Af­ter com­ing out of bank­rupt­cy, Mallinck­rodt pays out $260M to set­tle Ac­thar Gel law­suits

Al­most 18 months af­ter Mallinck­rodt filed for Chap­ter 11 bank­rupt­cy in Oc­to­ber 2020, the com­pa­ny got its re­or­ga­ni­za­tion ap­proved — and is pay­ing out $260 mil­lion right out of the gate in set­tle­ments.

The US De­part­ment of Jus­tice said in a state­ment on Mon­day that the Staines-up­on-Thames-based com­pa­ny is pay­ing out $260 mil­lion to set­tle 2 law­suits against the phar­ma, which al­leged that Mallinck­rodt vi­o­lat­ed the False Claims Act by un­der­pay­ing Med­ic­aid re­bates due for its mul­ti­ple scle­ro­sis drug Ac­thar Gel, and us­ing a foun­da­tion as a way to pay il­le­gal co-pay sub­si­dies in vi­o­la­tion of an­ti-kick­back laws for that drug.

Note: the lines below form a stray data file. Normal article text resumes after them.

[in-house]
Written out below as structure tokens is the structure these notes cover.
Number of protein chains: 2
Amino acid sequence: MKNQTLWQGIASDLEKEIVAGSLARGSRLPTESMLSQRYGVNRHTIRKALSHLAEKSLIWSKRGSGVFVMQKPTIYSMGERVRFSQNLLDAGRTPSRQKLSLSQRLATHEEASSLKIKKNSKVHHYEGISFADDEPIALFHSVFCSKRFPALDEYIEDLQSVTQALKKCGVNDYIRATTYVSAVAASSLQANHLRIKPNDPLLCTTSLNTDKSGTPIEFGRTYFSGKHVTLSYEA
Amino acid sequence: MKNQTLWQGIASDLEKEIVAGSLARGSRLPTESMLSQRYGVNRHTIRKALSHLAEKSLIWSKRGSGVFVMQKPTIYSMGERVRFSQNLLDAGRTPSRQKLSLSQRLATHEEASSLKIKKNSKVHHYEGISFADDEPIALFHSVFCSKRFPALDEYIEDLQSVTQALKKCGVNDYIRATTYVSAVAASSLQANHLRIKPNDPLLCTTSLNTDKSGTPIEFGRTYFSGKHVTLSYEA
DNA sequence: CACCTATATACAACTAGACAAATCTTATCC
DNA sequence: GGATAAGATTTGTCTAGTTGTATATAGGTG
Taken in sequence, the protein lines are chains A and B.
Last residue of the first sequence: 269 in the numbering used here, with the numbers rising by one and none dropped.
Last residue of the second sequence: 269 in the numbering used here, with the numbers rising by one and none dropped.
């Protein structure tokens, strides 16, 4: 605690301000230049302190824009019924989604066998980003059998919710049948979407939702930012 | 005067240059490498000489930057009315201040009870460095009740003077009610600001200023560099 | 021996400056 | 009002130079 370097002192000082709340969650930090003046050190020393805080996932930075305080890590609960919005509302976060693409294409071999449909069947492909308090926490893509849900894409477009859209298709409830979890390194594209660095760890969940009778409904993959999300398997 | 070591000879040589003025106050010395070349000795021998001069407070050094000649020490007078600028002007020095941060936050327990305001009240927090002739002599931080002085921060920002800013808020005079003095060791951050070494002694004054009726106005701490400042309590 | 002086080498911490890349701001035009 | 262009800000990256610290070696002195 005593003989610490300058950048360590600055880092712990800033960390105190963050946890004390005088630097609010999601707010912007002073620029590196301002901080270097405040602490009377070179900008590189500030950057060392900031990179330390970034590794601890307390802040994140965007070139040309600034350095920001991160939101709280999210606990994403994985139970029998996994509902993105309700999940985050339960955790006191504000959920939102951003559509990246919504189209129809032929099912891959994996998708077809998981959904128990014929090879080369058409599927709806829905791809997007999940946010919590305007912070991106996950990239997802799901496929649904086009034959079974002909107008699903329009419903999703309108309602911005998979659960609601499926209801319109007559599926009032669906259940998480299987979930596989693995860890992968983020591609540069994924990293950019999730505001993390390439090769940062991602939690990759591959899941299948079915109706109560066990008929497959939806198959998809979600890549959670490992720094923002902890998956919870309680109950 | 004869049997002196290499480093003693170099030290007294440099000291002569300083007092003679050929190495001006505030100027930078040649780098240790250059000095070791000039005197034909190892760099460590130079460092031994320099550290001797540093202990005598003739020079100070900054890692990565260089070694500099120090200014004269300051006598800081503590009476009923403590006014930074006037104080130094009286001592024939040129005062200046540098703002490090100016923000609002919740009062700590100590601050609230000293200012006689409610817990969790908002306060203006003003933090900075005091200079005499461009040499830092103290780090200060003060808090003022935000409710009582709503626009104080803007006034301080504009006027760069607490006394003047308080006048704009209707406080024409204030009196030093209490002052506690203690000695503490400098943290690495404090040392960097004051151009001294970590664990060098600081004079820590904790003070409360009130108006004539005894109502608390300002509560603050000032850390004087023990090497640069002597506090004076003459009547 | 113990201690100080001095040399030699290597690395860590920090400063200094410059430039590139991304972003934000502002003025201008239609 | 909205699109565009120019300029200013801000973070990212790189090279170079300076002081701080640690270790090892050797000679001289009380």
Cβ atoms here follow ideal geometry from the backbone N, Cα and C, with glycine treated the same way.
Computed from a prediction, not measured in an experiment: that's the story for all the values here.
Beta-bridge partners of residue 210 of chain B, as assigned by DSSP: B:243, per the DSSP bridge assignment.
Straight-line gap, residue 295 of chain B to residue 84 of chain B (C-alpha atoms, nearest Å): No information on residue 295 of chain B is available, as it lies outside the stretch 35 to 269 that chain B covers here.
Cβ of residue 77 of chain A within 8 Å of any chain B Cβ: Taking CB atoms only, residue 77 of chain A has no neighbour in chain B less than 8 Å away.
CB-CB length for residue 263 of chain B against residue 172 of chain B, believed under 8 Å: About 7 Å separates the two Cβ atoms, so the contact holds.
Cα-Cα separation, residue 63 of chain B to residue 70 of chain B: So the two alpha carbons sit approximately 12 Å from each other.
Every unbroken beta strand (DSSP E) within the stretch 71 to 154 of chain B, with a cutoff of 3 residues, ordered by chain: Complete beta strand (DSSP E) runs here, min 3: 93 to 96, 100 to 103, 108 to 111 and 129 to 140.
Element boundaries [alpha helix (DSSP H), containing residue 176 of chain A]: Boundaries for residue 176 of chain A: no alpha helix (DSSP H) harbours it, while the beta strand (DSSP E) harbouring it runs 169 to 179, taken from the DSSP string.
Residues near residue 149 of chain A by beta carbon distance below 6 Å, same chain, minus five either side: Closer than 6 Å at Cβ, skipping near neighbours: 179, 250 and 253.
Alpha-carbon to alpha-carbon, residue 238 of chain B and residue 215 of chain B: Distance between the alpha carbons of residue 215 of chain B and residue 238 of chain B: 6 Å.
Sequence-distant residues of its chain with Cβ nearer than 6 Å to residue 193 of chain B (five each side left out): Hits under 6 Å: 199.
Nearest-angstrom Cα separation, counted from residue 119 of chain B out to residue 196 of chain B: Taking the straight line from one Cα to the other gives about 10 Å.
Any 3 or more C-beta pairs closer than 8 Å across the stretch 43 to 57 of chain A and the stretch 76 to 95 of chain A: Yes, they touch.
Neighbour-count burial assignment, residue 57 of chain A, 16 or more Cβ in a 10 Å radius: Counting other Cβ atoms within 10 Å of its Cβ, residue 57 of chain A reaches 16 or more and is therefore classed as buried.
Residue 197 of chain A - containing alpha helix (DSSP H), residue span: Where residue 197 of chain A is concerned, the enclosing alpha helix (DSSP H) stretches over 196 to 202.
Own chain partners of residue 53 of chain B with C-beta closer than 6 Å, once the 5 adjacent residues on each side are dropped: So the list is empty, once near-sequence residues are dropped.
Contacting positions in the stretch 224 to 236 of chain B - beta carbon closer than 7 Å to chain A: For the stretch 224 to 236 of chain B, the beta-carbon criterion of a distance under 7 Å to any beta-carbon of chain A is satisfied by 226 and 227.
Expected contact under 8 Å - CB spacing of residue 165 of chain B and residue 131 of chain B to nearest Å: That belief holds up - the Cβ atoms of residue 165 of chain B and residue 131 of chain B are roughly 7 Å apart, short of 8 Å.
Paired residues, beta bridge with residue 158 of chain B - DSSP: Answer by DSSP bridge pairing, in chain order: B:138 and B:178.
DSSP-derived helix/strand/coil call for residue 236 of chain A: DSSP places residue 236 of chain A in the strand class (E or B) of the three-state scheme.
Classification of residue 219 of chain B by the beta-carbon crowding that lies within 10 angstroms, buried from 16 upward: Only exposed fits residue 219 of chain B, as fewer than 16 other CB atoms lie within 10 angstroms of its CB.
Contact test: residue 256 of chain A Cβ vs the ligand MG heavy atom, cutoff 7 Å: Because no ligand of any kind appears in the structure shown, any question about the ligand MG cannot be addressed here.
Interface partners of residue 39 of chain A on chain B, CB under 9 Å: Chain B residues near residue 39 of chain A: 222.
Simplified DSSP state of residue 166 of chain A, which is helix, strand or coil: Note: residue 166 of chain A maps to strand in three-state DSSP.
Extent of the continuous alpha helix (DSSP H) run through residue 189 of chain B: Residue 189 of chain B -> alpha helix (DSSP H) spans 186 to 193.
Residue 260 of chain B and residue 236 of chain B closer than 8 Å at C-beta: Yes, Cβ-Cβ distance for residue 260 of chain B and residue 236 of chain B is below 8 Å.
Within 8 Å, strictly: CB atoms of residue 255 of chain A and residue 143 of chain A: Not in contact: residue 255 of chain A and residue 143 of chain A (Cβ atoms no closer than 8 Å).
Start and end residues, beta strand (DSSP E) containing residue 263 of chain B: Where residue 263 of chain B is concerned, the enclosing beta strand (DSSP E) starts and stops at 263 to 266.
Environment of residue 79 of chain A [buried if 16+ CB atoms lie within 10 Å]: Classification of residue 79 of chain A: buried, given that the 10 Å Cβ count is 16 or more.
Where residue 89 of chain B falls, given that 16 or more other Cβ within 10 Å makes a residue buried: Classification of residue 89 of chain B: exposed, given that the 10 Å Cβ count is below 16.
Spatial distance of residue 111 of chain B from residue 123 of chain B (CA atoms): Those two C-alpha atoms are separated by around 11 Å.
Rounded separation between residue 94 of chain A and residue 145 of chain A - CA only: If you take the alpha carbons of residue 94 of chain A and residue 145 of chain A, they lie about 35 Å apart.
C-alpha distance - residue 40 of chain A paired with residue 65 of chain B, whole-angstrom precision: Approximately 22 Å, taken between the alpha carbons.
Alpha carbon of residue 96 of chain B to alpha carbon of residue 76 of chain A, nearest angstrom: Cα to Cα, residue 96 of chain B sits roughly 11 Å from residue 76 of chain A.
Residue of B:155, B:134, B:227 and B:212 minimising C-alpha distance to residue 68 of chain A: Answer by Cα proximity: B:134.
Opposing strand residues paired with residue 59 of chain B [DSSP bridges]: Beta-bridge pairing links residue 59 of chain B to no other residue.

The set­tle­ment re­quired the US Bank­rupt­cy Court for the Dis­trict of Delaware to sign off on the deal, which it did on March 2.

The set­tle­ment re­solves sep­a­rate cas­es brought by the gov­ern­ment fol­low­ing the US en­ter­ing com­plaints in 2019 and 2020, both in­volv­ing the pop­u­lar drug used to curb seizures in chil­dren. Mallinck­rodt agreed to pay just over $26 mil­lion to set­tle a case on vi­o­lat­ing the an­ti-kick­back statute, and $233 mil­lion to set­tle the case where the com­pa­ny short­ed Med­ic­aid close to $600 mil­lion.